Figure three, below, shows a comparison between the time spent each day on different devices for the under 34’s, the over 55’s, and the average “all adults” – in the middle. The first thing to take from this is screen size: The old spend 52% of their media day in front of a big screen – the TV; For the young, the figure is less than half that at just 23%. They spend 40% of their day on a small screen- their mobiles. For the older group, this is just 9% of their day. There is a creative imperative here, at the very least. Even if the young do watch commercials (and they do), a large proportion of their consumption is in the vertical, not horizontal, axis, and your ads are smaller than you designed them to be.

Figure three: The old and the young use different devices to consume media

Source: IPA Touchpoints 2021

Listening time and devices are radically different too. Many years ago, commercial radio stations delivered a young audience, but fast forward to 2021 and while over 55’s are listening to 144 minutes of commercial radio each day, under 34’s are tuning in for just 28 minutes (that’s one fifth of the time the old spend with radio). The young do listen, but to do via streaming services and for around 50 minutes each day, some ten times longer than the over 55’s, which brings us to our last trend…

3. The Reach that streaming vs live services deliver is changing

The success of subscription services in the last year has been much commented on. Disney+ chose the best day ever to launch as Boris told us all to stay at home. Figure four, below, shows how now 56% of us watch an SVOD channel, and we spend 20% longer with them each day. Netflix continues to dominate this terrain, but watch Amazon continue to grow this year.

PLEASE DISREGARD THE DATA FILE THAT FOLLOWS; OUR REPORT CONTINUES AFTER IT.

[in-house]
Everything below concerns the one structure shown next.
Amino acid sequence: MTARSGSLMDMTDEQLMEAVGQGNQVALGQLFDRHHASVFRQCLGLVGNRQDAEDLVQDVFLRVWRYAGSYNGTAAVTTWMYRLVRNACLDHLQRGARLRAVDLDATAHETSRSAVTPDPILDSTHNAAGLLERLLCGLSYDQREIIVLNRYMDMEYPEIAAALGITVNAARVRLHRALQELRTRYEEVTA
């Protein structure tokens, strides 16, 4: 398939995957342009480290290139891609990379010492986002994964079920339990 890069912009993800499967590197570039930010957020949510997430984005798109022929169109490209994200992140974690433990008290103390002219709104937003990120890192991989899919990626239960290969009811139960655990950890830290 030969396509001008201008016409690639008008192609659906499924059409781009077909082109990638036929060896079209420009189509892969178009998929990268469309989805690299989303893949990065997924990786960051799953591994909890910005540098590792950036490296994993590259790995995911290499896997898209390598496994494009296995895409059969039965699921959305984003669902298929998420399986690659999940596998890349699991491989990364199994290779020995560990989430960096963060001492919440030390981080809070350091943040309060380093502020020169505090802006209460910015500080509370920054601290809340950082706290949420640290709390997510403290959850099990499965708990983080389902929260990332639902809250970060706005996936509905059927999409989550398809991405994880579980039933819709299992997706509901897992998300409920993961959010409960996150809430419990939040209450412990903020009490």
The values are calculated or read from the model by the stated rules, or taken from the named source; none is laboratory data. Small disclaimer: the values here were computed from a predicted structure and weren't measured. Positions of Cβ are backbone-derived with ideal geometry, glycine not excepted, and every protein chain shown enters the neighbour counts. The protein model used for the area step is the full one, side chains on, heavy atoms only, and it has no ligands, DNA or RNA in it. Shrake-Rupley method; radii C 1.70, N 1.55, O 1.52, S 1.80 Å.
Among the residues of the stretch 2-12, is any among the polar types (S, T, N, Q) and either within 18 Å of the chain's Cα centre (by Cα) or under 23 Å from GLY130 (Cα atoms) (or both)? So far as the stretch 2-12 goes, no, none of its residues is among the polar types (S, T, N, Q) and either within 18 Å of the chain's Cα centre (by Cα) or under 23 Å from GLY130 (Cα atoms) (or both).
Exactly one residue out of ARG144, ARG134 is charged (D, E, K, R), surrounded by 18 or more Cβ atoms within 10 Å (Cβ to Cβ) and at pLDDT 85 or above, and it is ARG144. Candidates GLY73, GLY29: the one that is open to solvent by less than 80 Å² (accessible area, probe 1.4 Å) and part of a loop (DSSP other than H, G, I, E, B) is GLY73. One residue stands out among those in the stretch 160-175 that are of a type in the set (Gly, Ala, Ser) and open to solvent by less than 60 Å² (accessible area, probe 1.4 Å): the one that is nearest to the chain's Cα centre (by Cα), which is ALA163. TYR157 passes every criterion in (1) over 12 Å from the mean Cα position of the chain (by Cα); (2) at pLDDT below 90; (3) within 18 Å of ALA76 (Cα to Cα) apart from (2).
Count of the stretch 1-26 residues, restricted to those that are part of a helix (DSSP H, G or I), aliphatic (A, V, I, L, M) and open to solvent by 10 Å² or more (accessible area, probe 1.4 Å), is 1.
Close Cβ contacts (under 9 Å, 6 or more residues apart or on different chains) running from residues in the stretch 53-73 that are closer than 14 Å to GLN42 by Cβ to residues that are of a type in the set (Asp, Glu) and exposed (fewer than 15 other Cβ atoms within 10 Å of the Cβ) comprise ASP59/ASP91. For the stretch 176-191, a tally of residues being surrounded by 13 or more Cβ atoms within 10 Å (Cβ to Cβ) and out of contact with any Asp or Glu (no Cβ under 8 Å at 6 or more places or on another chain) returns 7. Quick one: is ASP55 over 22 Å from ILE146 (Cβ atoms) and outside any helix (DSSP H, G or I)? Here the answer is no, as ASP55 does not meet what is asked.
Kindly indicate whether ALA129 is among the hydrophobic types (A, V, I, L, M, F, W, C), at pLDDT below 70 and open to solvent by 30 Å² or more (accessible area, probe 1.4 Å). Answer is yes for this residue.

Figure four: More of us are spending longer with Subscription video on Demand channels

Source: Touchpoints 2021

The implication for advertisers can be seen in our final chart- figure five.

Figure five: share of “watching time” by young and old- spring 2021

 Source: Touchpoints 2021

If you want to reach the over 55’s with an audio-visual ad, then stick to old fashioned linear TV. If you need to reach the under 35’s, then the schedule will have to be supplemented with Broadcaster video on demand and online video from Facebook and others.

What are the implications for advertisers this summer?

Like the trends above, the implications are three-fold. Firstly (and this applies to all clients seeking to reach a range of age groups), think about your creative assets – not just the messages that might be relevant to different age groups, but also the formats. Consider creating different versions of the same message for different devices, i.e., a radio ad might benefit from different versions for live vs. streaming, or a TV ad shown on a big box vs. one on a mobile screen definitely will.

Secondly, if you are at the point of diminishing returns from reaching new eyeballs with your media mix and you have limited resources, consider adding devices rather than new channels. Adding print magazines to a linear TV and digital media schedule will ensure you reach another 5% of adults. Adding broadcaster VOD would reach three times more consumers and wouldn’t require a new creative treatment.

Finally, if you have a small budget, say less than £50,000 per month, don’t worry too much about this. Or, if you are trying to build frequency to build consideration or understanding of a specific brand attribute, this may be less relevant.

Please get in touch for further advice on device vs channel mix or support on cost-effective versioning of your assets for different platforms.